I’ve always been a little obsessed with skulls, so I was immediately intrigued when I saw a photo of one of Aníbal Garfunkel’s latest creations — a ceramic mate molded into a skull. How cool is that? I got in touch with him to find out what it was all about and learned that it is one of the works Garfunkel made for a project called giftshop at arteBA’s barrio joven.
Project giftshop, the creation of 15 of the 2010 recipients of the ECuNHi/FNA scholarship, will provide editioned reproductions of works by these emerging artists. While dubbed giftshop, the artists involved clarify that there is a difference between commercial enterprises and what they call cultural enterprises. Project giftshop falls into the latter category, and ultimately aims to make the work of these artists more accessible to the public during arteBA.
Soon after getting in touch with Garfunkel, I visited his studio in Almagro and while sipping mate from the very cool ceramic skull, we got to talking about skulls, which seem to be a recurring theme in his work. I remember liking his tongue-in-cheek use of them in previous works exhibited at Konex for the bicentennial event Cocinas Del Bicentenario last December. While citing inspirations such as the crystal skulls, and Damian Hirst’s diamond skull, Garfunkel sees the skull as a symbol for the notion that the only sure thing we have in this life is death.
While skulls figure prominently in various works, I noticed that Coca Cola seemed to figure even more prominently. In fact, the mold for the mate came from a previous sculpture containing actual Coca cola from 2008 called Es Sentir de Verdad. Garfunkel has since reworked the sculpture, which still includes the vintage bottle with a resin mold of a skull inside, but now includes a backlight that blinks in different colors. Photographer Andy Donohoe and I couldn’t seem to take our eyes off it. The result, at least from my impression of the sculpture, is an eerie, and anything but subtle statement about Coca Cola. Garfunkel’s idea was to make three editions of this sculpture for Project giftshop. However, after recently breaking his finger, he has been slowed down considerably. He wasn’t sure if he would be able to finish them in time.
We got talking about Coke and its undeniable presence in Argentina and Latin America. Garfunkel told me that when he was a child drinking Coke was a luxury, and now it is the drink of the masses. What bugs Garfunkel about Coke is not the drink itself, but how multinational companies like Coca Cola destroy culture. “It’s not the item, it’s the publicity… telling you how to dress, how to be,” says Garfunkel. He added that Coca cola now has its own brand of yerba known as “La Vuelta”, which he found out while doing research on his mate project.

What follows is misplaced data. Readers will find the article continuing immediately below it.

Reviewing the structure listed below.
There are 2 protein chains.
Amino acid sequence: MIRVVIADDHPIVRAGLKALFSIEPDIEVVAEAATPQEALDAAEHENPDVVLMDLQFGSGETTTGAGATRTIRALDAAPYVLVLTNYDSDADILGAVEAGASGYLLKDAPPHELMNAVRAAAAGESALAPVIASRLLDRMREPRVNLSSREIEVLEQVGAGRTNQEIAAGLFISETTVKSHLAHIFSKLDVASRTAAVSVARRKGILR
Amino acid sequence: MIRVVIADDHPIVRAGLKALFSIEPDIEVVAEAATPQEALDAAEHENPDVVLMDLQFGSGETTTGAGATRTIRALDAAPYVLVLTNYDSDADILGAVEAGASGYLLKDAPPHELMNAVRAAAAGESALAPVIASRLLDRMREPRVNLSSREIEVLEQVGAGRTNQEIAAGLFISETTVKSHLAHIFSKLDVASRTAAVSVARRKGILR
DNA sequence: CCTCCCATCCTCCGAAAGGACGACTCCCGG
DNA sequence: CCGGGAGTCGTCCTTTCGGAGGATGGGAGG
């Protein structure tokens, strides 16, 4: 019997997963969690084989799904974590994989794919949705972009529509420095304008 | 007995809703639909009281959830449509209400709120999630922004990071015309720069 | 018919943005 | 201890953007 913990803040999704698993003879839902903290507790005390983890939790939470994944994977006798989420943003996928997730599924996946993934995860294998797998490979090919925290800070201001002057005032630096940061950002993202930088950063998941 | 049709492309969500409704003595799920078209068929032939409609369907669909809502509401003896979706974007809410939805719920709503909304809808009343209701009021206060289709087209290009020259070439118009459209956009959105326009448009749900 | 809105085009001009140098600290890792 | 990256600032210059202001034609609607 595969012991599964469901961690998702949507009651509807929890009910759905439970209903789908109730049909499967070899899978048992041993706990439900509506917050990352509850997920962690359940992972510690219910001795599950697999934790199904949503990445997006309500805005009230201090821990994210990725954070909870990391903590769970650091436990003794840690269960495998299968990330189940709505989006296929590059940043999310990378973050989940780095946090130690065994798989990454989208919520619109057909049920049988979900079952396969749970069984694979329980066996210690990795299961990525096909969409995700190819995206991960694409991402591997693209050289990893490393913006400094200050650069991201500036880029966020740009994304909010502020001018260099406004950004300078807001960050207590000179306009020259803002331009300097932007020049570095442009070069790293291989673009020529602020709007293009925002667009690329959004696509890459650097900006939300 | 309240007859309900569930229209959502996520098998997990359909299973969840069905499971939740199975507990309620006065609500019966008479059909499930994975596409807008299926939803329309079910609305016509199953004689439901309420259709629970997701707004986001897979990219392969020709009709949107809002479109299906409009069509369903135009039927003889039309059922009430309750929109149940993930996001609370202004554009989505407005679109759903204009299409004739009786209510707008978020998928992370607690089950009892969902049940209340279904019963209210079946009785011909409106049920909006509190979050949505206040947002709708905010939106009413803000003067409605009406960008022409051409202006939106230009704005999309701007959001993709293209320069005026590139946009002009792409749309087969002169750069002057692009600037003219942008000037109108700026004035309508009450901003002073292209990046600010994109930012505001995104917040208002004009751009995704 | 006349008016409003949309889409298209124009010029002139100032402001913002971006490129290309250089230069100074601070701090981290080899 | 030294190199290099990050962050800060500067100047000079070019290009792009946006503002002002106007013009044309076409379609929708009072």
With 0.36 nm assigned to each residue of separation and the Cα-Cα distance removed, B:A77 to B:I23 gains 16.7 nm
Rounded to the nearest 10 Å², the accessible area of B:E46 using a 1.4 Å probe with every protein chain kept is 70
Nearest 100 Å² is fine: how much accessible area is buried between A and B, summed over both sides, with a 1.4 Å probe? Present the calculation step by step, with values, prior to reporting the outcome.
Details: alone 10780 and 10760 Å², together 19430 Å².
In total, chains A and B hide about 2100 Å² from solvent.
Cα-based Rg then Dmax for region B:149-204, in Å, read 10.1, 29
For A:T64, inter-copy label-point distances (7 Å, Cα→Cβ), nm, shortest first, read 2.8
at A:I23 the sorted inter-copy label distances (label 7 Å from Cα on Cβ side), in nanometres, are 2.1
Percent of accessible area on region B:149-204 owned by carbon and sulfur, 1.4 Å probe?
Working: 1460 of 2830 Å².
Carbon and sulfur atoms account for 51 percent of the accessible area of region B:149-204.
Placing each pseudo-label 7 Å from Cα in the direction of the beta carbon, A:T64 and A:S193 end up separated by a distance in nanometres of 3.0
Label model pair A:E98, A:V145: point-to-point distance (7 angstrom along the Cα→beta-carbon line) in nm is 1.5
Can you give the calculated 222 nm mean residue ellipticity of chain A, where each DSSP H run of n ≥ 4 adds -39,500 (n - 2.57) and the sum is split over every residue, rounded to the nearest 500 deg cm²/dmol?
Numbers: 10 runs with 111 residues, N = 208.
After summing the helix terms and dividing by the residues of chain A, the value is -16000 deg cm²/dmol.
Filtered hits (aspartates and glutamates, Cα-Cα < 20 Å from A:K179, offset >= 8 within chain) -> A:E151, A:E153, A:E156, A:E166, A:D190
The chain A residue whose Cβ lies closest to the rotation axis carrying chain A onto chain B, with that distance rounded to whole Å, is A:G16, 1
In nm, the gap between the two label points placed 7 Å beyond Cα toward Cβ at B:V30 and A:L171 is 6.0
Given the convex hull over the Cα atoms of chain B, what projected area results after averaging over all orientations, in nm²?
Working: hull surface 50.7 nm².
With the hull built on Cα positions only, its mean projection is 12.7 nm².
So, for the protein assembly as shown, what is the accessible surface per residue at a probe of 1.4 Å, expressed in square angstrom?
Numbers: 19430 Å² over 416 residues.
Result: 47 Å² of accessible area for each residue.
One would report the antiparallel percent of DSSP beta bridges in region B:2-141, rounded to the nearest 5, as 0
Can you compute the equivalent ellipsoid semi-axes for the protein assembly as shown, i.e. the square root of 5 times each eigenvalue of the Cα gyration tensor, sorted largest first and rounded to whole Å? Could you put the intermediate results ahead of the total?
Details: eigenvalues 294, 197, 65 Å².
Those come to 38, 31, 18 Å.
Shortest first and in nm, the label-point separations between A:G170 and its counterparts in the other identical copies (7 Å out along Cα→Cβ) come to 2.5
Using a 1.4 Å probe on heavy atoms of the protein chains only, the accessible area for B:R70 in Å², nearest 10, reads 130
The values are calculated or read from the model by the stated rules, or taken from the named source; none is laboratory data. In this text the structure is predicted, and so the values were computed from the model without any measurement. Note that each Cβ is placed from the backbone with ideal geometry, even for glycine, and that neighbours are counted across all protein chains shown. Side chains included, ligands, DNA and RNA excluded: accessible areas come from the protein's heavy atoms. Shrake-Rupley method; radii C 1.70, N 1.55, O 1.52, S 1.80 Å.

Embarking on his skull mates lead to something a little more political than he first anticipated, but this is very typical for Garfunkel, who is never quick to go on a political rampage, but much of his work seems directed at political and social issues. He touches on serious issues, but always adds a bit of humor. Along with his skull mates, Garfunkel will be selling fair trade yerba made by the cooperative Jepe’a. The yerba packages have been redesigned by Garfunkel, who has changed words here and there.
While admitting that until more recently, he has not always been the most regular drinker of mate, Garfunkel stresses the cultural importance of this practice here in Argentina. He thinks people should be careful not to lose this tradition. I hate to say it, but if Coke has jumped on the mate market, I’m guessing it’s not really in danger of losing its prominence.
Garfunkel’s sculpture and mate series alone make it worth the visit to the giftshop at arteBA. But with all kinds of cool pieces like a stethoscope Walkman and a travel pillow printed with an image of a birdcage stuffed with down feathers, I’m sure there will be something there for everyone. Even if you don’t share my obsession with skulls.